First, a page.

* During the blood meal, the black fly can transmit infective-stage larvae to the host. Fly saliva acts as a chemoattractant for microfilariae in the surrounding subcutaneous tissues. Large quantities of microfilariae may be ingested during the blood meal. Microfilariae then migrate to the fly's flight muscles, where they emerge as infective-stage larvae after 6-18 days and travel to the proboscis.

Drug Category: Antiparasitics

Inhibit growth and proliferation of parasites.
Drug Name Ivermectin (Mectizan, Stromectol)
Description Selectively binds glutamate-gated chloride ion channels in invertebrate nerve and muscle cells, causing cell death. Half-life is 16 h. Metabolized in the liver. DOC for treating onchocerciasis.
Adult Dose 150 mcg/kg/d PO as single dose q6-12mo
Pediatric Dose <5 years: Not established
>5 years: Administer as in adults
Contraindications Documented hypersensitivity.
Interactions May interact with other ligand-gated chloride channels, such as those gated by GABA
Pregnancy C - Safety for use during pregnancy has not been established.
Precautions Caution in pregnancy, breastfeeding women with infants <3 mo, and in elderly persons with serious medical problems; immunocompromised patients may require repeated courses of therapy; adverse effects typically occur within first 48 h after first dose and include edema, pruritus, arthralgias, and postural hypotension; may be associated with nausea, vomiting, mild CNS depression, and drowsiness; caution in regions where onchocerciasis and Loa Loa (another filarial disease) are both endemic; patients with high microfilarial loads of Loa Loa are susceptible to encephalopathy upon treatment with ivermectin

Drug Name Suramin (Metaret)
Description Only available macrofilaricidal agent. Extremely toxic; each dose requires several days of hospitalization. WHO only recommends use in selected individuals in nonendemic areas for curative treatment of severe hyperreactive onchodermatitis uncontrolled by repeated ivermectin treatment. Granted orphan drug status and available from the CDC under brand names Antrypol, Bayer 205, Belganyl, Fourneau 309, Germanin, Moranyl, and Naphuride.
Adult Dose <60 kg: Not established

Parenteral/IV:>60 kg: 0.2 g week 1; 0.4 g week 2; 0.6 g week 3; 0.8 g week 4; 1 g week 5 and 6; total dose 4 g
Pediatric Dose Not established
Contraindications Documented hypersensitivity
Interactions None reported
Pregnancy X - Contraindicated in pregnancy
Precautions Consult WHO prior to treatment; contraindicated in pregnant women with onchocerciasis, but may be used in African trypanosomiasis; may cause vision loss

Drug Name Diethylcarbamazine (Hetrazan)
Description Piperazine derivative microfilaricidal agent that can cause frequent unacceptable reactions ranging from urticaria and angioedema to death. Only used for Mazzotti test and not for treatment.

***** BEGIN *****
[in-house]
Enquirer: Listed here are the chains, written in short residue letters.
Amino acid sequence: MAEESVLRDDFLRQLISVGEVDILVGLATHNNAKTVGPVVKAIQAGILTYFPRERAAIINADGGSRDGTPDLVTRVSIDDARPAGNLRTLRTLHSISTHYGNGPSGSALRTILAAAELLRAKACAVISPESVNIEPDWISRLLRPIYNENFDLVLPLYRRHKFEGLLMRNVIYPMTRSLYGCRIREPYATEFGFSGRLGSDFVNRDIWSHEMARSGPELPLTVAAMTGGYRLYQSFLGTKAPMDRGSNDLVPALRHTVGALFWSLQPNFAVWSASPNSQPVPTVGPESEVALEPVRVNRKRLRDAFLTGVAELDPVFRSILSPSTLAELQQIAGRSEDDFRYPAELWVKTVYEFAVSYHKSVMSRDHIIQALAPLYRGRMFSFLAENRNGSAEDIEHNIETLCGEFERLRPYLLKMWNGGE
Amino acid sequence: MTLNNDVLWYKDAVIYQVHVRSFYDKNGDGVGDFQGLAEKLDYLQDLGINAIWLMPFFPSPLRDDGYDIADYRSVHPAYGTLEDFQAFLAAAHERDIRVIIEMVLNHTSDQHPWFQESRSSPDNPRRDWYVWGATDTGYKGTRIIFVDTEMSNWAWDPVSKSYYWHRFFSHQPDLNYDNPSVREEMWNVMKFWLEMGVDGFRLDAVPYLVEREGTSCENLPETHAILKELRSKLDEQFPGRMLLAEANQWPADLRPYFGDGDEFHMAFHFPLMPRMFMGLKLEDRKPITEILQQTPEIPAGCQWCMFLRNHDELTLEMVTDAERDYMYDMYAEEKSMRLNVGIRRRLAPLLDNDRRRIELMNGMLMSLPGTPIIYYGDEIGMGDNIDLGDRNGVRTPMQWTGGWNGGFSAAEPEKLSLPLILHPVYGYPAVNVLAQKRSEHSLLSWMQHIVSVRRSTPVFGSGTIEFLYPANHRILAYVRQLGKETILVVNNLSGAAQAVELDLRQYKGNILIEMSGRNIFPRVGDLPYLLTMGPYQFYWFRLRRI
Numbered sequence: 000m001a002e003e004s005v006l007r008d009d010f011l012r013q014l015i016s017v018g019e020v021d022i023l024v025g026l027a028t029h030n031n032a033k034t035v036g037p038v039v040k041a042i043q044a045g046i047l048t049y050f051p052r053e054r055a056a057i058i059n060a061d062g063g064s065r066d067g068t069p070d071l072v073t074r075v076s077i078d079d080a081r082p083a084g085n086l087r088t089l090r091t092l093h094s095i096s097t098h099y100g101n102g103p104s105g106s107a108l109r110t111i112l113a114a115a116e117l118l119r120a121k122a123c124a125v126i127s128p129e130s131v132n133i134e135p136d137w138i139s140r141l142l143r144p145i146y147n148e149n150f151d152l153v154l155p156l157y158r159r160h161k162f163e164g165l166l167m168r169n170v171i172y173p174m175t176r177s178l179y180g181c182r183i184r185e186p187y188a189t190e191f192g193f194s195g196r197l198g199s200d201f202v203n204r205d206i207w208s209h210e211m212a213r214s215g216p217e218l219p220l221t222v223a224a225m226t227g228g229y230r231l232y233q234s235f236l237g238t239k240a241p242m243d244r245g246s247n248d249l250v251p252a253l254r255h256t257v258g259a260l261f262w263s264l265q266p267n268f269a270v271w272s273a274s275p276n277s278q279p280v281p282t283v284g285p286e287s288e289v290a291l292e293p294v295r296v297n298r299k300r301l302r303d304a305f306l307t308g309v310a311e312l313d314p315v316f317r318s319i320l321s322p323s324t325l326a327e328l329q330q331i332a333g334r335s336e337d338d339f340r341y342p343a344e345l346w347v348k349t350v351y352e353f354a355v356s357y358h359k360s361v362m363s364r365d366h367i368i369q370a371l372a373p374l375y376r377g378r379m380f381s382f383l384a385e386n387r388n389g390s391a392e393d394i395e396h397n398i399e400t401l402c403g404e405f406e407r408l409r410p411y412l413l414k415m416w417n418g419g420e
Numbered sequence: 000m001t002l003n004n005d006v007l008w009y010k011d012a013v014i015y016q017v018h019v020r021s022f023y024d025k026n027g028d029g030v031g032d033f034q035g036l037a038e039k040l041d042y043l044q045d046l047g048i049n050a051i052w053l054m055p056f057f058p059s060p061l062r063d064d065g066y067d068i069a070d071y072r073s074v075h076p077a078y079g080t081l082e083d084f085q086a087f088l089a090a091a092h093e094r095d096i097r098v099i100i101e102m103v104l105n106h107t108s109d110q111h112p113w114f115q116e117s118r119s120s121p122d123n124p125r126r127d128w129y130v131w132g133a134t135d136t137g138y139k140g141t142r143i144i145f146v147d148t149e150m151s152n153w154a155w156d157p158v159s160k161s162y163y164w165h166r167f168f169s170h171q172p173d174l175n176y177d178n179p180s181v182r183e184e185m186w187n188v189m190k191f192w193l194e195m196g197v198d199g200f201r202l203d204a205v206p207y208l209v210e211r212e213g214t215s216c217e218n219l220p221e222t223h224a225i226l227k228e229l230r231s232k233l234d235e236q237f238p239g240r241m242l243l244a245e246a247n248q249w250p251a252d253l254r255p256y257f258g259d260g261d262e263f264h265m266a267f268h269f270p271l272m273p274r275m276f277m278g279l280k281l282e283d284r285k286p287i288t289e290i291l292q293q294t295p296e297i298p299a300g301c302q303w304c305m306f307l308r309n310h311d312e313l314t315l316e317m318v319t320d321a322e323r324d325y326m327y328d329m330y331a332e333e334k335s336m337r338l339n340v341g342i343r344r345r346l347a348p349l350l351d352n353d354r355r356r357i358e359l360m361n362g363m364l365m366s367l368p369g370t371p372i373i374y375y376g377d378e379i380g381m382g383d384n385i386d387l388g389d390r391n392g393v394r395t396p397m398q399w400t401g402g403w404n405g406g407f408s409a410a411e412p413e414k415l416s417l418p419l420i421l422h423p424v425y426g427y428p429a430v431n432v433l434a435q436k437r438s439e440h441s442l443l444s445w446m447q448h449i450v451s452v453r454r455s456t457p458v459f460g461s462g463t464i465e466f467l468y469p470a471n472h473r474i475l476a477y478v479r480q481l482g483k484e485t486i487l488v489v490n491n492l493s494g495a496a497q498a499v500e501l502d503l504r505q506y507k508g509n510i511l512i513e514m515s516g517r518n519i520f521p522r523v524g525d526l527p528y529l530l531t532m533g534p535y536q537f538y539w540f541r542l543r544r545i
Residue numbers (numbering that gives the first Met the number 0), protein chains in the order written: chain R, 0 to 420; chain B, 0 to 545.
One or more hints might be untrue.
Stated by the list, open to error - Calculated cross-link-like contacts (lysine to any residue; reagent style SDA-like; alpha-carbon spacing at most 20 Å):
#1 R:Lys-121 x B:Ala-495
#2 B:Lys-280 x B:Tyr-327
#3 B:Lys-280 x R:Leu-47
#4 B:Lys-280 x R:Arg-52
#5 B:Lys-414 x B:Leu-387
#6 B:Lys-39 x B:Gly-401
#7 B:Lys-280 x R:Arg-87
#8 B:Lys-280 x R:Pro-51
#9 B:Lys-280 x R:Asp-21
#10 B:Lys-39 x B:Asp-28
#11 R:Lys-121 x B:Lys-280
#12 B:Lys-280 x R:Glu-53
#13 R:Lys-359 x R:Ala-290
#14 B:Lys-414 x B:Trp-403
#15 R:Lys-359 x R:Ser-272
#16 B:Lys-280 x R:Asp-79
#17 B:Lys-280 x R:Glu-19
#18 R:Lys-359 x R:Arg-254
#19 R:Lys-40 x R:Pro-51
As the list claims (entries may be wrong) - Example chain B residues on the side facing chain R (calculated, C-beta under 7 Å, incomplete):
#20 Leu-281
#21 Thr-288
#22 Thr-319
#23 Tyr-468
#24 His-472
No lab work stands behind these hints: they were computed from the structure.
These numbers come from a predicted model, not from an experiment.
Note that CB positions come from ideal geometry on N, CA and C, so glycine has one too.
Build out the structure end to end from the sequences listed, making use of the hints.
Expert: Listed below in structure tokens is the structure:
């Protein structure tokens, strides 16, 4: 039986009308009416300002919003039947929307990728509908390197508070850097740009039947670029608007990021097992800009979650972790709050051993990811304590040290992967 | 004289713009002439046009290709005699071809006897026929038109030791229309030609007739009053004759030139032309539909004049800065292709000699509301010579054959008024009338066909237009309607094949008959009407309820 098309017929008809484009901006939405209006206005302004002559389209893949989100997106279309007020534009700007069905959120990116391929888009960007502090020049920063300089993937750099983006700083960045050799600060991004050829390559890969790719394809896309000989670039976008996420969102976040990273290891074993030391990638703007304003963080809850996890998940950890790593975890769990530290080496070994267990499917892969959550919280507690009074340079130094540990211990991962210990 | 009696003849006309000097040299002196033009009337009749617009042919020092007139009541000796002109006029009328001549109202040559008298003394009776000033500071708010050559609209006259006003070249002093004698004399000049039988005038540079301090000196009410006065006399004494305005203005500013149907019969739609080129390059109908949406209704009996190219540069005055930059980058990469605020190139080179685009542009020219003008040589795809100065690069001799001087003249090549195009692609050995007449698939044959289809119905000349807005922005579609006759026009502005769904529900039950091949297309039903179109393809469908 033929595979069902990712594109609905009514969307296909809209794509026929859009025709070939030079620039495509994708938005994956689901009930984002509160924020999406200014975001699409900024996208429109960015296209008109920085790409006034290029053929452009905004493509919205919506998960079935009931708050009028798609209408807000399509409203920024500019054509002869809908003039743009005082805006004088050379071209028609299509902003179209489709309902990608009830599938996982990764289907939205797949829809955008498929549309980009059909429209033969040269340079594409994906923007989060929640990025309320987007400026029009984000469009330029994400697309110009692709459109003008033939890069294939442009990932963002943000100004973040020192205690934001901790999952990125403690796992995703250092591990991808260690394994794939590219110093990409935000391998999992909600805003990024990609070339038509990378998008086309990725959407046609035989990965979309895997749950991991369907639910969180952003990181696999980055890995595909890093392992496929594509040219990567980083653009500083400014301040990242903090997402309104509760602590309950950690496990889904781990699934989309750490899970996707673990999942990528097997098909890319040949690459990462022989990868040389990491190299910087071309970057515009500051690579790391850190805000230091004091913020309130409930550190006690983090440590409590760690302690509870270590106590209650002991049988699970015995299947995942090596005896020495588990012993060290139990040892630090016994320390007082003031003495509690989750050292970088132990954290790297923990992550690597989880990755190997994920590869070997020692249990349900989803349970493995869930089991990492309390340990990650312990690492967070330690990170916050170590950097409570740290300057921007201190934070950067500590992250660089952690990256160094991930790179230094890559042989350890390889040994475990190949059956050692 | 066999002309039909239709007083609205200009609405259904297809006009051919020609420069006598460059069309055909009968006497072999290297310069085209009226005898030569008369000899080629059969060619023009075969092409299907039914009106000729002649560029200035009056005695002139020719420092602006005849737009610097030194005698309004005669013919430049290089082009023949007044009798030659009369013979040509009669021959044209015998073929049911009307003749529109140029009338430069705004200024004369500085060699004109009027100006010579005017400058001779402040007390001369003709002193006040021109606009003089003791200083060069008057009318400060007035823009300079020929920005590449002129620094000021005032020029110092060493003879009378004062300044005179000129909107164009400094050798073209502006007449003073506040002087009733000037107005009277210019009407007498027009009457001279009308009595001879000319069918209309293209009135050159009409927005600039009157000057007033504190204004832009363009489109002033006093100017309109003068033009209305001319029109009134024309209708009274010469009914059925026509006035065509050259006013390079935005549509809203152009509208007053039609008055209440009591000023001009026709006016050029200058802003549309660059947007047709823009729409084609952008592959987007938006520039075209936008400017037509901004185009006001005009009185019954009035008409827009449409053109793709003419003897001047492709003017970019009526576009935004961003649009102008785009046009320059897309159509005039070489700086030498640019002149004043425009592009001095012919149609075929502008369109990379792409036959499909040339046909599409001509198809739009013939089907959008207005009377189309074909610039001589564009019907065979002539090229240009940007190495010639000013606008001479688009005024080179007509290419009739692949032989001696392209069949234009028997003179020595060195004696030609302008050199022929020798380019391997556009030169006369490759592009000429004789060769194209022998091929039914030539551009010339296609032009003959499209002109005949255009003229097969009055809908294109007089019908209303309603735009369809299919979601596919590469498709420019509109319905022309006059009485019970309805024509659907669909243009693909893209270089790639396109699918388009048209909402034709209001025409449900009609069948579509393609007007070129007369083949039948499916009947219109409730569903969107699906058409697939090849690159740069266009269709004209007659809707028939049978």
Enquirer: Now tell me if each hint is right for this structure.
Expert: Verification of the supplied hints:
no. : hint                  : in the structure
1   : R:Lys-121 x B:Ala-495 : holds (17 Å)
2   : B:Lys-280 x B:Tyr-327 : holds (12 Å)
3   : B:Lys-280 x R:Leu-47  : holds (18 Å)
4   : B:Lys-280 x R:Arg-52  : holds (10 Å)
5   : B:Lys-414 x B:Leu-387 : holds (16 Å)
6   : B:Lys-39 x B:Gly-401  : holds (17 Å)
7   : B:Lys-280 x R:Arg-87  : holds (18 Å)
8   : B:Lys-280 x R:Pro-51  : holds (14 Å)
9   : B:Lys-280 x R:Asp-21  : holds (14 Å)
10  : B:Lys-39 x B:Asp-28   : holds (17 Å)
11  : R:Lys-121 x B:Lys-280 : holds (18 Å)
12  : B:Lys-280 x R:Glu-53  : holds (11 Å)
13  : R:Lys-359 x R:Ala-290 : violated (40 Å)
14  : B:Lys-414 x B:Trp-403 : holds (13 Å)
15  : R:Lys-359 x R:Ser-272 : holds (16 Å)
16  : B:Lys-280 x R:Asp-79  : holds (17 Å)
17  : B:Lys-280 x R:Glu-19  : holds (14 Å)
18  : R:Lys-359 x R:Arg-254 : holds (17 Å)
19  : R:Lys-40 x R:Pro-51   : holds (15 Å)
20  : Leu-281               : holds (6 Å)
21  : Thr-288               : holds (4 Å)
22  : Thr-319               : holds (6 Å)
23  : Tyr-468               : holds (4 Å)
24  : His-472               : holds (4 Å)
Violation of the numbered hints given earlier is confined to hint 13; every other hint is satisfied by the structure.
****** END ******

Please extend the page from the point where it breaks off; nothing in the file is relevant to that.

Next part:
Adult Dose 6 mg PO once (Mazzotti test)
Pediatric Dose Not established
Contraindications Documented hypersensitivity
Interactions None reported
Pregnancy C - Safety for use during pregnancy has not been established.
Precautions Contact a physician if itching and facial swelling (especially eyes), skin rash, fever, and painful or tender glands (armpits, groin, neck) occur; not known to cause birth defects, but do not treat during pregnancy; safety in breastfeeding unknown; prolonged use is associated with vision loss, night blindness, and tunnel vision


- - - - - - - -

From Wikipedia, the free encyclopedia


The life cycle of O. volvulus
(Illustration: Giovanni Maki)



Adult Black Fly (Simulium yahense) with
parasite (Onchocerca volvulus) emerging from
the insect's antenna. Magnified 100x.


Onchocerciasis
Classification and external resources


ICD-10 B73.
ICD-9 125.3
DiseasesDB 9218
eMedicine med/1667 oph/709
MeSH D009855
Onchocerca volvulus
O. volvulus, the causative agent of river blindness.
Scientific classification
Kingdom: Animalia
Phylum: Nematoda
Class: Secernentea
Order: Spirurida
Family: Onchocercidae
Genus: Onchocerca
Species: O. volvulus
Binomial name
Onchocerca volvulus
Bickel 1982

Onchocerciasis (pronounced /ˈɒnko
ʊsɝːˈsaɪəsɨs/ or /ˈɒnkoʊsɝːˈkaɪəsɨs/),[1] also known as river blindness, is the world's second leading infectious cause of blindness. It is caused by Onchocerca volvulus, a nematode that can live for up to fifteen years in the human body.[2] It is transmitted to people through the bite of a black fly. The worms spread throughout the body, and when they die, they cause intense itching and a strong immune system response that can destroy nearby tissue, such as the eye.[3]

The primary treatment is a drug, ivermectin. For best effect, entire communities are treated at the same time. A single dose may kill first-stage larvae (microfilariae) in infected people and prevent transmission for many months in the remaining population.[4]

About 18 million people are currently infected with this parasite; approximately 300,000 have been irreversibly blinded by it.[5]

* . * . *


In/Out Patient Meds:

* Ivermectin 150 mcg/kg PO once every 6-12 months

* . * . *

www.soton.ac.uk/~ceb/Diagnosis/Vol10.htm :

Microfilaria worms found in tissue and skin

The main species of microfilariae found in the skin and tissue are Onchocerca volvulus and Mansonella streptocerca. Microfilariae of Onchocerca volvulus and less often, Mansonella streptocerca migrate through the dermis causing itching and skin texture changes and occasionally arrive in the eye where they cause blindness. Detection of these microfilariae is from skin snips or nodule biopsies. When high numbers of microfilariae are present, they can occasionally be found in the blood and urine.


Onchocerca volvulus

Introduction